June 26, 2023
There is a need in Northern Virginia for more professionals entering the Life Sciences field. One major barrier to fulfilling this need is the limited workplace experience for graduate students preparing to enter the Life Sciences field. Another challenge contributing to this lack of Life Science professionals is the availability of trained instructors who are familiar with advanced life science concepts and techniques who have mastered college-level life-sciences material that is specially formatted for students in secondary school. The Future Kings have developed an innovative approach that is designed to help solve these challenges. The innovation combines college-level course material specially designed for secondary students with an internship for the graduate students that includes both teaching adolescents and working in a professional lab.

Future Kings is a Northern Virginia-based nonprofit that focuses on a yearlong after-school STEM program for Northern Virginia students in need, many of whom are from Black and Latino families. In early 2023, they were awarded a grant of $30,000 through the Community Foundation’s Innovation Fund that will go towards creating an “innovation pipeline,” simultaneously serving multiple generations by having graduate students earn real world experience by teaching Future Kings’ core constituents of Prince William County 6th-12th graders. The grant will support one cohort, which consists of 1 grad student and 15 high schoolers. The primary field of instruction will be microbiology.

“We’re testing a twofold theory of change,” said Dr. Arik King, Executive Director of Future Kings. “First, the graduate students will be far more successful in obtaining jobs in the biomedical and life sciences fields with this hands-on work. Second, the program will grow a far more robust pipeline of middle and high schoolers who enter post-high school life sciences careers.”

Future Kings’ leadership considers the organization to be more of a workforce development program, focusing not just on hard sciences and skills, but also on soft skills like creativity, collaboration, and adapting to the modern workplace. However, the crown jewel of the program is their “Applied Learning” program. As Jesse Citizen told the Community Foundation, “We started introducing our students to Applied Learning programs a couple of years ago as a way of demonstrating to participants how their classroom knowledge is used in the real world.” Dr. King added, “Focusing on recruiting graduate students as the core constituency for our life sciences instructor pool provides significant benefits to the grad school STEM instructors, to our program participants, and to the local life sciences business community. We are extremely grateful to the support that the Community Foundation has given us so that we might launch this initiative.”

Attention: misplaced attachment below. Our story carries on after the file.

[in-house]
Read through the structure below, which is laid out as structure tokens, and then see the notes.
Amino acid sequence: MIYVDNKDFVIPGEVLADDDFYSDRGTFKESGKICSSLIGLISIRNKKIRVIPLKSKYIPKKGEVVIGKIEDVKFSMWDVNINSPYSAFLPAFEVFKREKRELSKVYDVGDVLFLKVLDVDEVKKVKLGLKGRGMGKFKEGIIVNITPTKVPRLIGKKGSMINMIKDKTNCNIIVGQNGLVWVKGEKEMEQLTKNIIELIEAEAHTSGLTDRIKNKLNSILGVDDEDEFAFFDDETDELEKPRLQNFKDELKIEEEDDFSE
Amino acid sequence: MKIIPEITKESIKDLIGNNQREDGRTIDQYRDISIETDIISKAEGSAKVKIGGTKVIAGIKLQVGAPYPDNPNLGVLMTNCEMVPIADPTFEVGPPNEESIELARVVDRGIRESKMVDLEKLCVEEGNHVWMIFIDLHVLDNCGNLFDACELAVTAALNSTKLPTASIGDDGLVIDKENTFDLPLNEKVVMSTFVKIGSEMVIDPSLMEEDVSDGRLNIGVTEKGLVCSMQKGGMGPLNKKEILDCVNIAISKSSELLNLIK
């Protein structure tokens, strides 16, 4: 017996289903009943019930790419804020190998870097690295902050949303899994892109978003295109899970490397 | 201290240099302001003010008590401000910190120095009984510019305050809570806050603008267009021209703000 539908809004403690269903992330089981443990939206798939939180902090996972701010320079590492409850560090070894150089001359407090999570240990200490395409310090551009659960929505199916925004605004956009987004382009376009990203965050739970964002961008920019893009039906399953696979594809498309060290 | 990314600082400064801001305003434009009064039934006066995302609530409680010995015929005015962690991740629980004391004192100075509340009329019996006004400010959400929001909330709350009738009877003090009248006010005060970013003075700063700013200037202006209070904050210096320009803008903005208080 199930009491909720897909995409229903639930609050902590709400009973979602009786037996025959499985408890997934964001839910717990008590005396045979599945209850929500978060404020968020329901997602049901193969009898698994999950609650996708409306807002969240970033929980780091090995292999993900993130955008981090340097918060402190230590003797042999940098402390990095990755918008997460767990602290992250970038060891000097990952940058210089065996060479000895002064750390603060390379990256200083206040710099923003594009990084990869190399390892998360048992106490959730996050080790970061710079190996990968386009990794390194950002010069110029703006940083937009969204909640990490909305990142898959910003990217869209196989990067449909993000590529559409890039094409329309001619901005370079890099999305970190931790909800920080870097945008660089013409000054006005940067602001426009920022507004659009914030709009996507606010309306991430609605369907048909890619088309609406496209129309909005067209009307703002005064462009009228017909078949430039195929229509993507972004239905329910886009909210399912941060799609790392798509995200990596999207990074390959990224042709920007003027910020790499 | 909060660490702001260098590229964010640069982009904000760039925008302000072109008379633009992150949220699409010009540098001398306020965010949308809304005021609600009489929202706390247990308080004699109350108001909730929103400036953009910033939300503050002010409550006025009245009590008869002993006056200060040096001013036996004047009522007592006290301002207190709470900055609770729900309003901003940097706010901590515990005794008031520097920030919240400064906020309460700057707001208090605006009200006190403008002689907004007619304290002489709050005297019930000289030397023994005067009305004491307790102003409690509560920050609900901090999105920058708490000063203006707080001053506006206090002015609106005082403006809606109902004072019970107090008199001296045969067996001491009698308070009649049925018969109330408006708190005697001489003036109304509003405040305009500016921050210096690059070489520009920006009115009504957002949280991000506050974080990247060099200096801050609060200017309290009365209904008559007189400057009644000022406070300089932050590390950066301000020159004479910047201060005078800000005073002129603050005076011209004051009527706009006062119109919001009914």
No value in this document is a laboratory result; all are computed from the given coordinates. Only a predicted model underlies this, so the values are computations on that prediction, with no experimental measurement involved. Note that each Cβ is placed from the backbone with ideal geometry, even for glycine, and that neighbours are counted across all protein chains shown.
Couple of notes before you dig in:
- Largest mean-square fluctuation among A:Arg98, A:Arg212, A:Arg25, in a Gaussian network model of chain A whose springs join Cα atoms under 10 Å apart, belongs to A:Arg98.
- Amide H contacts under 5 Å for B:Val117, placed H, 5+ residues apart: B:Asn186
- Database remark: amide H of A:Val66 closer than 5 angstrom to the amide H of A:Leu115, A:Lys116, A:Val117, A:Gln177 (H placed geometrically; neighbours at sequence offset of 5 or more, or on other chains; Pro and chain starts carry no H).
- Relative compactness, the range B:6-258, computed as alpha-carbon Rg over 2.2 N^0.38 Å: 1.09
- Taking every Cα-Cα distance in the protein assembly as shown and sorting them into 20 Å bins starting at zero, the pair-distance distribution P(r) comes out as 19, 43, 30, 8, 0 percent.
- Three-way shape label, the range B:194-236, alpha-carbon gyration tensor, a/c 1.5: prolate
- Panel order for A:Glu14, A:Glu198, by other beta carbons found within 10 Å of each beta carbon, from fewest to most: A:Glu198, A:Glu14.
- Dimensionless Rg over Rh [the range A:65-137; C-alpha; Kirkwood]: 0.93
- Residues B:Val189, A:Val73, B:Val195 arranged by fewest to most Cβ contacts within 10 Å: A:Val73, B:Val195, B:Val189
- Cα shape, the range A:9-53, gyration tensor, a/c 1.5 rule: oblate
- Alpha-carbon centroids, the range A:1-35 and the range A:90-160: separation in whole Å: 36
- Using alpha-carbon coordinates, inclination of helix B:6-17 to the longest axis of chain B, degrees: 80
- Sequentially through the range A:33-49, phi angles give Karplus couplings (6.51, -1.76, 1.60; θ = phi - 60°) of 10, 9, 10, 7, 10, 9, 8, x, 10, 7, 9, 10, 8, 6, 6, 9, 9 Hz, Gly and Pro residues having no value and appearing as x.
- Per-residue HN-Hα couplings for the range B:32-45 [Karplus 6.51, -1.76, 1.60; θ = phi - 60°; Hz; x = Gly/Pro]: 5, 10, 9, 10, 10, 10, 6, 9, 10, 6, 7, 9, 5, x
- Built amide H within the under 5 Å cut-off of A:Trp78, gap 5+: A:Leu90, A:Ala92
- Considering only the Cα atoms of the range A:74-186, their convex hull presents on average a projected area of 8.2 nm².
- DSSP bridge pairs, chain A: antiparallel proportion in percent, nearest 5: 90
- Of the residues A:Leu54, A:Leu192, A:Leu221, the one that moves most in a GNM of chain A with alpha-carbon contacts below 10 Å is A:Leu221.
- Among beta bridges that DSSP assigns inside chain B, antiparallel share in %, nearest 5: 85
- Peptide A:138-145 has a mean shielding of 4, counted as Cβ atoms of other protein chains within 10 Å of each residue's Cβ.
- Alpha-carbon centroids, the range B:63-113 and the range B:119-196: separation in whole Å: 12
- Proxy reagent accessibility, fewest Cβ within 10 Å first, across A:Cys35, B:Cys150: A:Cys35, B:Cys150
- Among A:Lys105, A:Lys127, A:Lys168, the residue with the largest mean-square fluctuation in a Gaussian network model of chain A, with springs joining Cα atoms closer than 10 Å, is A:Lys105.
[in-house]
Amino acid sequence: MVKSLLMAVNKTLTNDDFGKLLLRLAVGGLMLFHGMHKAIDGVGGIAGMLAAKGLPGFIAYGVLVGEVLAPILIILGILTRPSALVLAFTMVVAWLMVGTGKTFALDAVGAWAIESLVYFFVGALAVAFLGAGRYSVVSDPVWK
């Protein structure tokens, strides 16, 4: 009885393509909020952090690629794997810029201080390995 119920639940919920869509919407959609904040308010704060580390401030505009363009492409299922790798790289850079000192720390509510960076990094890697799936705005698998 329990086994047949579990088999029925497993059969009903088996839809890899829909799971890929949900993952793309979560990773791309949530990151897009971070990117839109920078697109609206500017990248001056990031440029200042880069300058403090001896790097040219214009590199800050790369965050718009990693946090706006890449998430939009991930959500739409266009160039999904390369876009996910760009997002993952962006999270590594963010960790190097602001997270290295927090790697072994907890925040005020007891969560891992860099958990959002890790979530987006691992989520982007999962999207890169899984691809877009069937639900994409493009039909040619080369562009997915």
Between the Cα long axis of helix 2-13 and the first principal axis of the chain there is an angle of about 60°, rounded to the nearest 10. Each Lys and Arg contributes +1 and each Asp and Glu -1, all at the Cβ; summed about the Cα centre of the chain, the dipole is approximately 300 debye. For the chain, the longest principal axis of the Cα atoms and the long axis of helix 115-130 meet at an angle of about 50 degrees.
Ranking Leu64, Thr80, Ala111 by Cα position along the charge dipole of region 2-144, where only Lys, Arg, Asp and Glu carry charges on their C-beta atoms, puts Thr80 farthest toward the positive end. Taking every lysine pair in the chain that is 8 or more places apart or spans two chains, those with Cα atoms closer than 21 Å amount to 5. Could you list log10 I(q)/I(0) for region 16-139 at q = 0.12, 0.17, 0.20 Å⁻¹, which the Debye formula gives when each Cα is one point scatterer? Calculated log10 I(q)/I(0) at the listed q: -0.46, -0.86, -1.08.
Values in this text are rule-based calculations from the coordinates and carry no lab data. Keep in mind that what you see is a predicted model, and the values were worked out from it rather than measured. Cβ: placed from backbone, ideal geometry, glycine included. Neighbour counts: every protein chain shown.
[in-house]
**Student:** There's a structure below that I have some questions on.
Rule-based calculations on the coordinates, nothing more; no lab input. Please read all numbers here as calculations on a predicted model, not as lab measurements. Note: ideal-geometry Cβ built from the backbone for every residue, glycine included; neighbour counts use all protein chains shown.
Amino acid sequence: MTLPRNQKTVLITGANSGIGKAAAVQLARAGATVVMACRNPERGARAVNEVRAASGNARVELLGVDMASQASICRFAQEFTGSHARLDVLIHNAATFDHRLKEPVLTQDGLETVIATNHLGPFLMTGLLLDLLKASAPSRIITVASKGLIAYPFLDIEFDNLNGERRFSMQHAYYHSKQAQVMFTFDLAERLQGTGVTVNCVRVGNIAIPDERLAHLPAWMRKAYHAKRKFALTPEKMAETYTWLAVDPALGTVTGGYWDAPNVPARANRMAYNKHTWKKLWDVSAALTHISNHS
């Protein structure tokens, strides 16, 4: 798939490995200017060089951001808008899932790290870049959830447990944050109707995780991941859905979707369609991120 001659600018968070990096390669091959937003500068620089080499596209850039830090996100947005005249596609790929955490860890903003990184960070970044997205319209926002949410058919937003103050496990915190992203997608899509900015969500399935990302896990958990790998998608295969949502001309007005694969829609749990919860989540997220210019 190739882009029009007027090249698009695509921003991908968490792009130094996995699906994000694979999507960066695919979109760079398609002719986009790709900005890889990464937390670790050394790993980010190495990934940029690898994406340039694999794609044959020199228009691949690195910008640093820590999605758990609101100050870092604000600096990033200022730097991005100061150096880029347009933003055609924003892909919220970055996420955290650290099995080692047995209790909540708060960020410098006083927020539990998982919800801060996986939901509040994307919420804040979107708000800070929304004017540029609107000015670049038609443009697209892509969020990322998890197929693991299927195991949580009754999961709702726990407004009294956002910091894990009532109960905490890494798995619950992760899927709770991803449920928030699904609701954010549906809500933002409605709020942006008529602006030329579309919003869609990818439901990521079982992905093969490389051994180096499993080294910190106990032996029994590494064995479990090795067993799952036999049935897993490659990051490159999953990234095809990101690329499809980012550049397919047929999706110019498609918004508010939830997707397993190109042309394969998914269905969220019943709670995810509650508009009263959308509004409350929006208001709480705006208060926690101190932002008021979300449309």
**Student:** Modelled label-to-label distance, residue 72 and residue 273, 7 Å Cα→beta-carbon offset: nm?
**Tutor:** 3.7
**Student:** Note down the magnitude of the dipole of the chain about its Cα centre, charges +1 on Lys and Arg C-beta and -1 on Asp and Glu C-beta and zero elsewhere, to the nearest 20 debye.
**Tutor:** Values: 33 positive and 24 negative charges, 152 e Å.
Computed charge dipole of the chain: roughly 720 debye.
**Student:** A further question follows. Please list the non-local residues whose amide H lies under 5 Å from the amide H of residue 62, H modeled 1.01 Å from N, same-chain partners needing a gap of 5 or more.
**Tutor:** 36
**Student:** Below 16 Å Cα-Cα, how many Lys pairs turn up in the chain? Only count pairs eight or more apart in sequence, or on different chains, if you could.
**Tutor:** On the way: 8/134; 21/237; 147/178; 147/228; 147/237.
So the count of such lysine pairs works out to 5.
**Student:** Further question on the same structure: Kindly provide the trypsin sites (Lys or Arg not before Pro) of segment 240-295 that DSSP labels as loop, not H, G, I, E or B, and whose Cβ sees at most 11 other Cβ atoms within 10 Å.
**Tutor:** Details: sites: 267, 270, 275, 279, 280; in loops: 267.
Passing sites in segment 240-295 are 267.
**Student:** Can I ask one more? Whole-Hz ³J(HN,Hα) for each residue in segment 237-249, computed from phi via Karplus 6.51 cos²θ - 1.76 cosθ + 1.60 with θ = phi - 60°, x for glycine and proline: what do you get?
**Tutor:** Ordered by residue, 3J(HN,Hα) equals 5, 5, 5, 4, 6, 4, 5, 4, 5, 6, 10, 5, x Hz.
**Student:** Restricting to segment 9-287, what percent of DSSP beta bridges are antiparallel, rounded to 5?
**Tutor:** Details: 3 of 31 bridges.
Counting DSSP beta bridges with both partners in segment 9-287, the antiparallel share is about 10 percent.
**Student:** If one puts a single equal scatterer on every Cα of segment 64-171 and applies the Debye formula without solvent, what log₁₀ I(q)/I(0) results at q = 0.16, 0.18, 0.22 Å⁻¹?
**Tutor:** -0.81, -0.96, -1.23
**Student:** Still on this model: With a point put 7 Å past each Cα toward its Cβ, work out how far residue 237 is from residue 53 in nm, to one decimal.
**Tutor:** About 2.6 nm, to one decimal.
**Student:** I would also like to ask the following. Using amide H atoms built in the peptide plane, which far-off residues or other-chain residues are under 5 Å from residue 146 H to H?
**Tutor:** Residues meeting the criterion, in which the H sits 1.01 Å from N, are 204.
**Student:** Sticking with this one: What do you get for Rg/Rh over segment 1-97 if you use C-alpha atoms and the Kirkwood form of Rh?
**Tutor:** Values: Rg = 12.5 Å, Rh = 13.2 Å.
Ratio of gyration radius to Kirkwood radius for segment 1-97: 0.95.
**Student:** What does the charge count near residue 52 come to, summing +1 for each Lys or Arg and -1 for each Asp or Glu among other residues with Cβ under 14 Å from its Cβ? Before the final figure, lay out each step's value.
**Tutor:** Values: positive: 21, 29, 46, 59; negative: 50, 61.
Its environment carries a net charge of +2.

With this kind of forward thinking, Future Kings is well set up for future success. Sari Raskin, Vice President of Grants and Community Leadership, said “We're excited to support this innovative program at Future Kings that will build a mentorship program between school aged kids and biomedical sciences grad students. This funding will seed innovation across different generations, and advance equity for students in need, aligning with the Community Foundation's new mission statement.” You can learn more about them by visiting their website, or by watching this video from WUSA9.

Support the innovation fund here.